Unfortunately, the Cuban exiles had never been through Marine Corps training at Parris Island. They were perfunctorily instructed in the use of small arms, tanks and artillery, but only one in 10 had military experience. One of their leaders said later: “Most were there because they knew the whole operation was going to be conducted by the Americans. They did not trust me or anyone else. They just trusted the Americans.”

Early on April 15, key targets in Cuba were bombed by a handful of B-26 Invader medium bombers painted with Cuban markings, flown by exiles. They killed some soldiers and civilians, and wrecked several of Castro’s planes. Later that day, amid uproar at the United Nations, U.S. ambassador Adlai Stevenson denied that the government was involved. He claimed, at the CIA’s behest, that the planes had been flown by defectors from Castro’s air force. The White House nonetheless panicked, and canceled further bombing sorties.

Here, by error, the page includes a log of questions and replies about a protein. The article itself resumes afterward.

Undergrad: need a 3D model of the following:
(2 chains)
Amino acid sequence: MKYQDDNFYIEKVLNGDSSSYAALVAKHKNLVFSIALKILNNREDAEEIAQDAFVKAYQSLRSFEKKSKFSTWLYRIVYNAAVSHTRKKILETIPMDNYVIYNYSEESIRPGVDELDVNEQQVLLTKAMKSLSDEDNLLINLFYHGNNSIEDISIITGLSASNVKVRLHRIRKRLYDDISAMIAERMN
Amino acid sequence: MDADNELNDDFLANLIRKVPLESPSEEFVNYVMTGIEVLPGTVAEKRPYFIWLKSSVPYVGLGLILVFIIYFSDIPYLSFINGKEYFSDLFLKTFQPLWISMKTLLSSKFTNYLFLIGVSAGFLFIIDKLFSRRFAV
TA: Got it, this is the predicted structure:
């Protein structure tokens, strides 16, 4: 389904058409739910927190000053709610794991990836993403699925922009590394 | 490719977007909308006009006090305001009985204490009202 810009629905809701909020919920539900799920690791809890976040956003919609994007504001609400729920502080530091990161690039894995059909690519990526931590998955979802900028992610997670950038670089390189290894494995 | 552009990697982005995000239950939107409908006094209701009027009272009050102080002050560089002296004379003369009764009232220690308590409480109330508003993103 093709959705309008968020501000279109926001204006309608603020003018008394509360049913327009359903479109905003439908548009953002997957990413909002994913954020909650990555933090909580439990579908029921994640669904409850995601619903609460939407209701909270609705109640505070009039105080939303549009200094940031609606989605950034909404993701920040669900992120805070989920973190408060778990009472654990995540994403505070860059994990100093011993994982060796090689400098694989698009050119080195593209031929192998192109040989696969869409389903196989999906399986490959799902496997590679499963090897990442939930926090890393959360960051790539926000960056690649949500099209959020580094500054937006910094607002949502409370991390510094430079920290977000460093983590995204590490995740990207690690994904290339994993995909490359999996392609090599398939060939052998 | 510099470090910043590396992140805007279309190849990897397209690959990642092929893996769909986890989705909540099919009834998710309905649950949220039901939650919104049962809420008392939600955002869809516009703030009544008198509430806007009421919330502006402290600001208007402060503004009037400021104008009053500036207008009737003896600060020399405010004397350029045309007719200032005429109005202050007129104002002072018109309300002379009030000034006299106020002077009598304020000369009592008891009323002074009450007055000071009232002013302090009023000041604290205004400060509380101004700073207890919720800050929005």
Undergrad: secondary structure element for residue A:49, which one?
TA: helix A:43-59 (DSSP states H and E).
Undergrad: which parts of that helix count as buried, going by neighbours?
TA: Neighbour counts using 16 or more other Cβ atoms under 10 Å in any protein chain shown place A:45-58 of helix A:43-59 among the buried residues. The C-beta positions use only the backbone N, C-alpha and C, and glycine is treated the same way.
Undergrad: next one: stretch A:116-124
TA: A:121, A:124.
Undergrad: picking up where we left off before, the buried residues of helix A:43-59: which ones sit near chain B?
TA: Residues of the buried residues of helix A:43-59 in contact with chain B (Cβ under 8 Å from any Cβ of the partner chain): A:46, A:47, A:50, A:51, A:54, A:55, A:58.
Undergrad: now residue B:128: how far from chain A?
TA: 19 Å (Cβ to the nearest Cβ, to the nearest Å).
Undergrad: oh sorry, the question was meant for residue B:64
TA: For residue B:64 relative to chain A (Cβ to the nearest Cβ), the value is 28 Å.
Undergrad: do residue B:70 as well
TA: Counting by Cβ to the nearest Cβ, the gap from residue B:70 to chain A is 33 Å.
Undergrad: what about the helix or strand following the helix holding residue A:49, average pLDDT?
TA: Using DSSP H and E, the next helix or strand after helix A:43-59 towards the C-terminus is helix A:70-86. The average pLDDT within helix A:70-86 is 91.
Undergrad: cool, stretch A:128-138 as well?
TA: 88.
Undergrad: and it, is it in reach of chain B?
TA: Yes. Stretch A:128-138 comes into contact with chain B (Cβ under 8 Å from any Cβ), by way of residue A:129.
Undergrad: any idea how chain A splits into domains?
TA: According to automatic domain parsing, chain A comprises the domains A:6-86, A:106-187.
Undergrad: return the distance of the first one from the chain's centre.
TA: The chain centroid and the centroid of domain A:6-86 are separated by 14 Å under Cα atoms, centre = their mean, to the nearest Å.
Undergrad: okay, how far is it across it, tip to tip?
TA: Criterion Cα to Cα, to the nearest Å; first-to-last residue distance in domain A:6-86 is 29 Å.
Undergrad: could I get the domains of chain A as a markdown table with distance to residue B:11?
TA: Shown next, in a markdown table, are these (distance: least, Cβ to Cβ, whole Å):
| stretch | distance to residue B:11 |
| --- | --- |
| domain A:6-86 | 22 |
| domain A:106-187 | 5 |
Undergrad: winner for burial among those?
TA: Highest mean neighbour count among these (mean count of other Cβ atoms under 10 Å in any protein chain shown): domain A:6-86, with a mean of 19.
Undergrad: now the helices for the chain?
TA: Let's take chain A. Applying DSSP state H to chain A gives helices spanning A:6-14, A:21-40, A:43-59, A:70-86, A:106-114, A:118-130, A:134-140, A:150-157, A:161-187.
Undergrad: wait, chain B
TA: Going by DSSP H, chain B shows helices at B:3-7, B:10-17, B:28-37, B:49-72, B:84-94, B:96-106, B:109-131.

Two mornings later, the invasion force was transferred from five rust-bucket transports to landing craft off southeast Cuba that took them to the beaches, or at least to reefs unnoticed by American planners, from which the Cubans waded ashore. Some sentimentally kissed the sand. 

American briefers had told them they would enjoy 72 hours’ grace before Castro’s forces mobilized. Instead, they were quickly engaged by local militia. The Cuban air force attacked the landing fleet. When the prohibition on exile air attacks was lifted, and some B-26s based in Nicaragua launched new sorties, most were shot down. Two of the transport ships were hit by Castro’s bombs. One blew up, obliterating the landing force’s ammunition, rations, fuel and medical supplies.